Trip back home, stopping in Canada on the way back
When I moved to Chile, I didn't know when I would be back in London, but I didn't expect to be away for a whole year. For most of the year, though, one of my spinal discs was slowly giving way, and I spent months in excruciating pain. Travelling home was a distant dream. Then came successful surgery to remove the disc, followed by physiotherapy and rehabilitation. And finally by September I was capable of crossing continents and returning to my homeland.
And so I found myself landing at Heathrow on a dark autumn evening. The strangeness of the familiarity was hard to grasp as I got on the underground and headed into my city. I've never seen London quite like I saw it that night, as I rumbled down the piccadilly line, disorientated, tired and happy to be back. I checked into a hostel, because I'd always wanted to see London as a tourist, called some dearly missed friends, went to a pub, and got back to the hostel at midday the next day. It was an epic return home.
I spent three awesome weeks travelling around England and Wales visiting family and friends. I gradually relearned that cars would come at me from the right instead of the left, remembered that I had to go to the bar to order drinks in pubs and that no-one would come and take my order if I just waited at a table, and got used to spending pounds again. Just as I was getting accustomed to British life again, though, it was time to head back south.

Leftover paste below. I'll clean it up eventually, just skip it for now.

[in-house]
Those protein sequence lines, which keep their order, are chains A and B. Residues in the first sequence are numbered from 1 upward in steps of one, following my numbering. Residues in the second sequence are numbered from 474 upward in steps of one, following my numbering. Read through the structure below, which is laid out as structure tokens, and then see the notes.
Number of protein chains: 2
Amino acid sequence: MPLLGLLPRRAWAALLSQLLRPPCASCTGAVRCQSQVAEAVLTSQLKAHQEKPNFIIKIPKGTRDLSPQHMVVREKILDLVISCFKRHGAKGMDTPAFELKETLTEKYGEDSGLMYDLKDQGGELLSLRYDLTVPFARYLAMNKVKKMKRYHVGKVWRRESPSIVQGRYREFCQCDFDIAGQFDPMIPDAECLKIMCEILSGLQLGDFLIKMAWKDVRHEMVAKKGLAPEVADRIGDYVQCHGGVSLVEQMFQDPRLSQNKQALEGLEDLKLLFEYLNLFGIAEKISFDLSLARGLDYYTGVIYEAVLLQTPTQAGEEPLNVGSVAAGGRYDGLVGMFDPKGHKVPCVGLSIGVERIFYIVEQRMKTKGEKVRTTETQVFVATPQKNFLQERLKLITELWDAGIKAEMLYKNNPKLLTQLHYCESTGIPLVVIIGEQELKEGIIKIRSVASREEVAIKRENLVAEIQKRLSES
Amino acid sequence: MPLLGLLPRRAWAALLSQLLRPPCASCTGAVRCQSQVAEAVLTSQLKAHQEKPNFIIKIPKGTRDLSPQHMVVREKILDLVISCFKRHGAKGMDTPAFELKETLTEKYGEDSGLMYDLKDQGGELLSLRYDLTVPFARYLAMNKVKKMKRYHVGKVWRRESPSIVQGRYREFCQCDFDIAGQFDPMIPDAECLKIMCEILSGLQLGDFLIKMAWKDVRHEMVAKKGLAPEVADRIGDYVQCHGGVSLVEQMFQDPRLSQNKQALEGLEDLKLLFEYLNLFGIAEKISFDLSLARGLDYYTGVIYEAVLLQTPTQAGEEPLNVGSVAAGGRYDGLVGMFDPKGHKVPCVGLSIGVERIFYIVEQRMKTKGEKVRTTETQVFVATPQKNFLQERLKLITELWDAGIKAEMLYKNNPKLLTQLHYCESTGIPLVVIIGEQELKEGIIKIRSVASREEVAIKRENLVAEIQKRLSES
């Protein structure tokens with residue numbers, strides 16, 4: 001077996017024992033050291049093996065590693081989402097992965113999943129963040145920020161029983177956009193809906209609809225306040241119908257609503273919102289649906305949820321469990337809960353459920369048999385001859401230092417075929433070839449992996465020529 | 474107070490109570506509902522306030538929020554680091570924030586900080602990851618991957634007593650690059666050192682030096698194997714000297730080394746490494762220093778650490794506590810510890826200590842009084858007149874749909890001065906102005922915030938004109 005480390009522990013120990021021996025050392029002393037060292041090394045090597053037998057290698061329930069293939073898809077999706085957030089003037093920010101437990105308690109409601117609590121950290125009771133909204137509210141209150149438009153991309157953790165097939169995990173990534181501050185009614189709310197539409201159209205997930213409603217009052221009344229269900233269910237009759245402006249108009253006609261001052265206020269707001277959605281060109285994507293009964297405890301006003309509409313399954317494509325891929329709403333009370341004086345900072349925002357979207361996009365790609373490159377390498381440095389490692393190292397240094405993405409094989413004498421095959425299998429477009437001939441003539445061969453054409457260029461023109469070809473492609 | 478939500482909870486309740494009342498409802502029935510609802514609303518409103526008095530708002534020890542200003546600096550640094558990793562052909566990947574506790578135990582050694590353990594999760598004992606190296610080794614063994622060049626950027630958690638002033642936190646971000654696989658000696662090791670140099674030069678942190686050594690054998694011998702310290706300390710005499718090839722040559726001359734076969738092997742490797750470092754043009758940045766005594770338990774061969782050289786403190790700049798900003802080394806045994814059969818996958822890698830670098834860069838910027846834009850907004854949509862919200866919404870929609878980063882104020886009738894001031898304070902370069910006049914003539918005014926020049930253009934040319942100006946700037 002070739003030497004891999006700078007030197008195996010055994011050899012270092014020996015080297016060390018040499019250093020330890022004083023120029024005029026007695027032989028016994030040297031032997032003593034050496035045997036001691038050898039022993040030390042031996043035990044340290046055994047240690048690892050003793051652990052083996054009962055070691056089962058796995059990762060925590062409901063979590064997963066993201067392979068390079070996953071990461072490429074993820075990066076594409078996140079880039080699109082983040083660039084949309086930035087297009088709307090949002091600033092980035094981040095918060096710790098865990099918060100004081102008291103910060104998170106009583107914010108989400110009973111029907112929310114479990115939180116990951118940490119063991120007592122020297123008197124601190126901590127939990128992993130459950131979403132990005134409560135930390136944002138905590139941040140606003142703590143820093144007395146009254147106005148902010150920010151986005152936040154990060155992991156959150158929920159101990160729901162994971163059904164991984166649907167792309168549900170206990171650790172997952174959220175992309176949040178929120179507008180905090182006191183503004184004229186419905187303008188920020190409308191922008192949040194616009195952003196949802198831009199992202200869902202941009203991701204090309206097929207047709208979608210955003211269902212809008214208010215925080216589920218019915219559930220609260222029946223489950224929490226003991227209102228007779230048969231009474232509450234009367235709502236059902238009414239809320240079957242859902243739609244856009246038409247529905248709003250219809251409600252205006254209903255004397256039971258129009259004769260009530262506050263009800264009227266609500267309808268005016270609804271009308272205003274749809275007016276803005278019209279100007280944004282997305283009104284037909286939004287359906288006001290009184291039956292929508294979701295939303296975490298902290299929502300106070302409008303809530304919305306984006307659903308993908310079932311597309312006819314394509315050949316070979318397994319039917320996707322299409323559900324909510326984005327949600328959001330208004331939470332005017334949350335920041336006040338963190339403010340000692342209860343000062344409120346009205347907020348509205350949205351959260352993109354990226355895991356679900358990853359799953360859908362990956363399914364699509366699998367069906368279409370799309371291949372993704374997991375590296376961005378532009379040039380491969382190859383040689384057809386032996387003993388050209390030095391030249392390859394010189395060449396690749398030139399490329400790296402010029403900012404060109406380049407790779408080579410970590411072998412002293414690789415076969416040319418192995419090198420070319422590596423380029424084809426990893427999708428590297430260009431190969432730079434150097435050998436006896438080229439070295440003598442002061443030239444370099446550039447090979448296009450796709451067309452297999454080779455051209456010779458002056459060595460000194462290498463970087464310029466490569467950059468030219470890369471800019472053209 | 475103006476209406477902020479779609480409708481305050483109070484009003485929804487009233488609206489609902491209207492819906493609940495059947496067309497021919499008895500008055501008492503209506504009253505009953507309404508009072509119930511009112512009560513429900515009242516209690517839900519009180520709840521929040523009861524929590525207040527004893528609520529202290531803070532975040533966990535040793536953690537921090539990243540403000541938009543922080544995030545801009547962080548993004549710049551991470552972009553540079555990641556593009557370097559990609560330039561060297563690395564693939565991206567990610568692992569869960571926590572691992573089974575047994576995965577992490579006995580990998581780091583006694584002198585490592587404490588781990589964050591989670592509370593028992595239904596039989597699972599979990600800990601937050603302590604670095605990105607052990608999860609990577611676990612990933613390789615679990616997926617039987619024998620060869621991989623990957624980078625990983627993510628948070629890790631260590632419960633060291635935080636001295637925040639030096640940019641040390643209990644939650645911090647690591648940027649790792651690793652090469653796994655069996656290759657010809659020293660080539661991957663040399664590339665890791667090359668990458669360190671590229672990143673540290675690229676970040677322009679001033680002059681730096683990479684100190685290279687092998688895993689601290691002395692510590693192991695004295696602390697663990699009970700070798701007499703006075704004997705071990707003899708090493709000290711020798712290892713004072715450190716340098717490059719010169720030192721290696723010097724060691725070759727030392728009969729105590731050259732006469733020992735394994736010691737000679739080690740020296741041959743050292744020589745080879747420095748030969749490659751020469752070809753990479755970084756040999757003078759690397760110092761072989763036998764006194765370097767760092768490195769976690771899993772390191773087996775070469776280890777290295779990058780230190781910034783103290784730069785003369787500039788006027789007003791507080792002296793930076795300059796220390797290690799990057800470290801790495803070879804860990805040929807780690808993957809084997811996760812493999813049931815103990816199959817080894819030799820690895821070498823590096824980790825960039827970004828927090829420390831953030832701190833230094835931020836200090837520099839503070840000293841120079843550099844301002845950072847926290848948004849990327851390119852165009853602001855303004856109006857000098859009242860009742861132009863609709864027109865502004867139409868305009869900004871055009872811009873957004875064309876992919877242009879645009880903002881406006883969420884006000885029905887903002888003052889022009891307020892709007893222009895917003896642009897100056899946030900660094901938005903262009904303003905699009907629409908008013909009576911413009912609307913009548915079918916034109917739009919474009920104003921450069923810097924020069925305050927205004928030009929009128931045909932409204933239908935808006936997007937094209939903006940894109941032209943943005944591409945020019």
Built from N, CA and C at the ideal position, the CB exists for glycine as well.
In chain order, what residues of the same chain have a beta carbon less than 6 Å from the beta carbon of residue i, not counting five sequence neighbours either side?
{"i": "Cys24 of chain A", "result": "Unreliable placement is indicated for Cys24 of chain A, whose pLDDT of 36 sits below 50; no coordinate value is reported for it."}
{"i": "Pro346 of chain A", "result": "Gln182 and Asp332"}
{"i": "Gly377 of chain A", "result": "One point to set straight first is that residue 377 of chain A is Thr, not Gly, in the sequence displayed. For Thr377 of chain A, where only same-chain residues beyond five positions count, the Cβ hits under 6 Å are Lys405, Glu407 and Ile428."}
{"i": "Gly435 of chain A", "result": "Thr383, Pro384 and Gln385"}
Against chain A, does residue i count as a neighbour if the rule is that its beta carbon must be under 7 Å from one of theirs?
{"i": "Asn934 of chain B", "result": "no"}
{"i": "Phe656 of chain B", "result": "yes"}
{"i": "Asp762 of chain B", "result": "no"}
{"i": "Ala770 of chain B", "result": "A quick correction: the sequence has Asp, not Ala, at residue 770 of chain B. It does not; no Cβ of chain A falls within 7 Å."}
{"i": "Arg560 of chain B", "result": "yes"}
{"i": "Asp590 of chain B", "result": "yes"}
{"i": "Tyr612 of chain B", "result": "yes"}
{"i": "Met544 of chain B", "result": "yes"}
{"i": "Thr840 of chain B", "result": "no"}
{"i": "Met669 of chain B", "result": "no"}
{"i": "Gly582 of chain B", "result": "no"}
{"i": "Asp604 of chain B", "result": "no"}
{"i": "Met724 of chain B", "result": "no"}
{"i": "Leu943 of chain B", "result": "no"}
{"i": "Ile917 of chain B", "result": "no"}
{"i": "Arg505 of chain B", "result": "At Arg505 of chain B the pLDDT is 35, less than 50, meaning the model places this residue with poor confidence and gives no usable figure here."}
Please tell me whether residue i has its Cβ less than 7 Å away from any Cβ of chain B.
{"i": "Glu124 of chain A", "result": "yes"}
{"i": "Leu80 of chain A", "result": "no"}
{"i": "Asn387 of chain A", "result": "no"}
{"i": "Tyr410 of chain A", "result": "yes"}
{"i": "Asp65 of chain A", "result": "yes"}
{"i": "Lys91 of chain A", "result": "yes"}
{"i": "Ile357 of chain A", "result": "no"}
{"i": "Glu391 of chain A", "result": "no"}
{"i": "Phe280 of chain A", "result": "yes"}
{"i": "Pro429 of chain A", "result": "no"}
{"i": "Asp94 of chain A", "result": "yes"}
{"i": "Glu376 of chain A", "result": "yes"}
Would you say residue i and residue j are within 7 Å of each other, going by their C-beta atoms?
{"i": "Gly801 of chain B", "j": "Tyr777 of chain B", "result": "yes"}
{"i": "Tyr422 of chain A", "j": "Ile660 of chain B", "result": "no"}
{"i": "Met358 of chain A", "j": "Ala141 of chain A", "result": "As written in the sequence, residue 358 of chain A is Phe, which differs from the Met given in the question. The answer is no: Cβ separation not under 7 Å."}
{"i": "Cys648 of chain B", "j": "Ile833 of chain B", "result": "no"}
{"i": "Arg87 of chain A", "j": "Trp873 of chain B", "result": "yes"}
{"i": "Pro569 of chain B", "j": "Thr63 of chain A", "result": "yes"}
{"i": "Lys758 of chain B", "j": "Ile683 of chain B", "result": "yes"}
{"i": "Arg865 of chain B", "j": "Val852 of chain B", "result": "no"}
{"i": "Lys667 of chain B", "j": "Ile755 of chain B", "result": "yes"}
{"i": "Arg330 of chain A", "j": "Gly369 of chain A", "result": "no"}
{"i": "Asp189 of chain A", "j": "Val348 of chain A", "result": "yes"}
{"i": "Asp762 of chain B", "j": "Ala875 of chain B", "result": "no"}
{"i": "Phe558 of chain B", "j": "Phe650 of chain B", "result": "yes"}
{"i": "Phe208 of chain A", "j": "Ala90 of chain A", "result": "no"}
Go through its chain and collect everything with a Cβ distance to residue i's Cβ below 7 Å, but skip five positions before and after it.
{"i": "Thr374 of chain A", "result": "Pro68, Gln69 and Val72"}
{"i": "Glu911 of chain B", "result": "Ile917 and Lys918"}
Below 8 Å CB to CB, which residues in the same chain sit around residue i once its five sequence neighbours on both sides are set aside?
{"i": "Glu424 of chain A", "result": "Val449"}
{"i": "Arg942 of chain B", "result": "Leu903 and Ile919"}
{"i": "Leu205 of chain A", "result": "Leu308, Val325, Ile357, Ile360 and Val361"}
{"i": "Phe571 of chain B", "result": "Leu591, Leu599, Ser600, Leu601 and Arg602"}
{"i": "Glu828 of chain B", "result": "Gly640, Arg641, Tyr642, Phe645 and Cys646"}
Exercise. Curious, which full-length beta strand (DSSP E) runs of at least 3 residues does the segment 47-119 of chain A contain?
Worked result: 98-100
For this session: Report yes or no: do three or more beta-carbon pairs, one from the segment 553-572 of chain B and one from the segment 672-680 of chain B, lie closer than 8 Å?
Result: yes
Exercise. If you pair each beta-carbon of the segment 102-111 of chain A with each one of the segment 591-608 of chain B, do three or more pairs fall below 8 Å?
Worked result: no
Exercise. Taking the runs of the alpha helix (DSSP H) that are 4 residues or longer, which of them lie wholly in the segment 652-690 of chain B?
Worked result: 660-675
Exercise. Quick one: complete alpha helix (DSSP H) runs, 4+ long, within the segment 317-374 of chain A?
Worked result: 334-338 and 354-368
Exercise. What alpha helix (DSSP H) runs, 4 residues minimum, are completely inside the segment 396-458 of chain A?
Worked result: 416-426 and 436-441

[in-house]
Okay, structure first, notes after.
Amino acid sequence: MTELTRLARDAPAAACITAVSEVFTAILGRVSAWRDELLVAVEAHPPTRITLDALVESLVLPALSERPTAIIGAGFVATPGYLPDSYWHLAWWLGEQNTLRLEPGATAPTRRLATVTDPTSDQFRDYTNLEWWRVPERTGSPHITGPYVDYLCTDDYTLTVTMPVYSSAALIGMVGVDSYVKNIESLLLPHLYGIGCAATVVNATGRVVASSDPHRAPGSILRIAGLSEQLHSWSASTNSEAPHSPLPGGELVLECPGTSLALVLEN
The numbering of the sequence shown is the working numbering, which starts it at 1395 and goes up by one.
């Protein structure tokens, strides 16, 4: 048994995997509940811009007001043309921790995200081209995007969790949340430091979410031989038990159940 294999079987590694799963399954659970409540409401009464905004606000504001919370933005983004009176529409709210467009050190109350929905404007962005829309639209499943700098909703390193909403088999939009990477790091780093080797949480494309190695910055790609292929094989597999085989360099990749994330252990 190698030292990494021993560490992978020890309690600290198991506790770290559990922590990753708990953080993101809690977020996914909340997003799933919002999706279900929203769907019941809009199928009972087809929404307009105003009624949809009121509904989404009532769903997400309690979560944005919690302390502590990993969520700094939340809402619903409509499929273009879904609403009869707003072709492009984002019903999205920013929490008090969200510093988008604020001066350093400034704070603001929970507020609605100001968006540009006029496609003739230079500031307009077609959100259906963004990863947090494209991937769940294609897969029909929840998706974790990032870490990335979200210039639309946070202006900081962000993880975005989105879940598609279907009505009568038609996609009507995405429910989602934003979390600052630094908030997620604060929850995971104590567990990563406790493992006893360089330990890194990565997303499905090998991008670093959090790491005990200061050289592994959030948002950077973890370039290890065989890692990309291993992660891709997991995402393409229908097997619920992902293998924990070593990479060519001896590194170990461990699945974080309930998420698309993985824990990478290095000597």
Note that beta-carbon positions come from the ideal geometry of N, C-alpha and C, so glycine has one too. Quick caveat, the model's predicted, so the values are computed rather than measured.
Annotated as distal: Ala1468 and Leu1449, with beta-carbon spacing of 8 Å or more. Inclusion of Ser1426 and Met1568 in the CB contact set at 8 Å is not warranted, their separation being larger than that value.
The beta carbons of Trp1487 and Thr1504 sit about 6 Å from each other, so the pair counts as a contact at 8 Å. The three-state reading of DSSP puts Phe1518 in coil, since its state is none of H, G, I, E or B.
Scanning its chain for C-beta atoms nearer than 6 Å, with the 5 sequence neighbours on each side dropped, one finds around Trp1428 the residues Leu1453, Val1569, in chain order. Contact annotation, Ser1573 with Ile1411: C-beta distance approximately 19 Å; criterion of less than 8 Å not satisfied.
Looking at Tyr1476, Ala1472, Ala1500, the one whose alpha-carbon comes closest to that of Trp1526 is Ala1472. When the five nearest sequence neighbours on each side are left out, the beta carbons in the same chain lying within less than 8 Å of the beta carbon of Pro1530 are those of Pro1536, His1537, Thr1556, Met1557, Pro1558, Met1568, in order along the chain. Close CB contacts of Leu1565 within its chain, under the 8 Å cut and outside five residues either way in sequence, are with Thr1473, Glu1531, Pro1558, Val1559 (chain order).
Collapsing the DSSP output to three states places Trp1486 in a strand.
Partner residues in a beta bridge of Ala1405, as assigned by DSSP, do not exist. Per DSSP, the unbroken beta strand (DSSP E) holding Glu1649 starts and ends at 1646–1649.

I flew to Toronto. My plan was to stay with some friends in London, Ontario, but unforeseen circumstances meant that they were in London, England while I was heading west. So I spent a night in Toronto, went up the CN Tower, and ate myself diabetic in Tim Hortons. I really spent far too much time in Tim Hortons. Tim Hortons is amazing.
At the airport I crammed one final chemically-flavoured maple syrup doughnut into my mouth and flew back to Chile. I was already missing London. I was already missing Tim Hortons.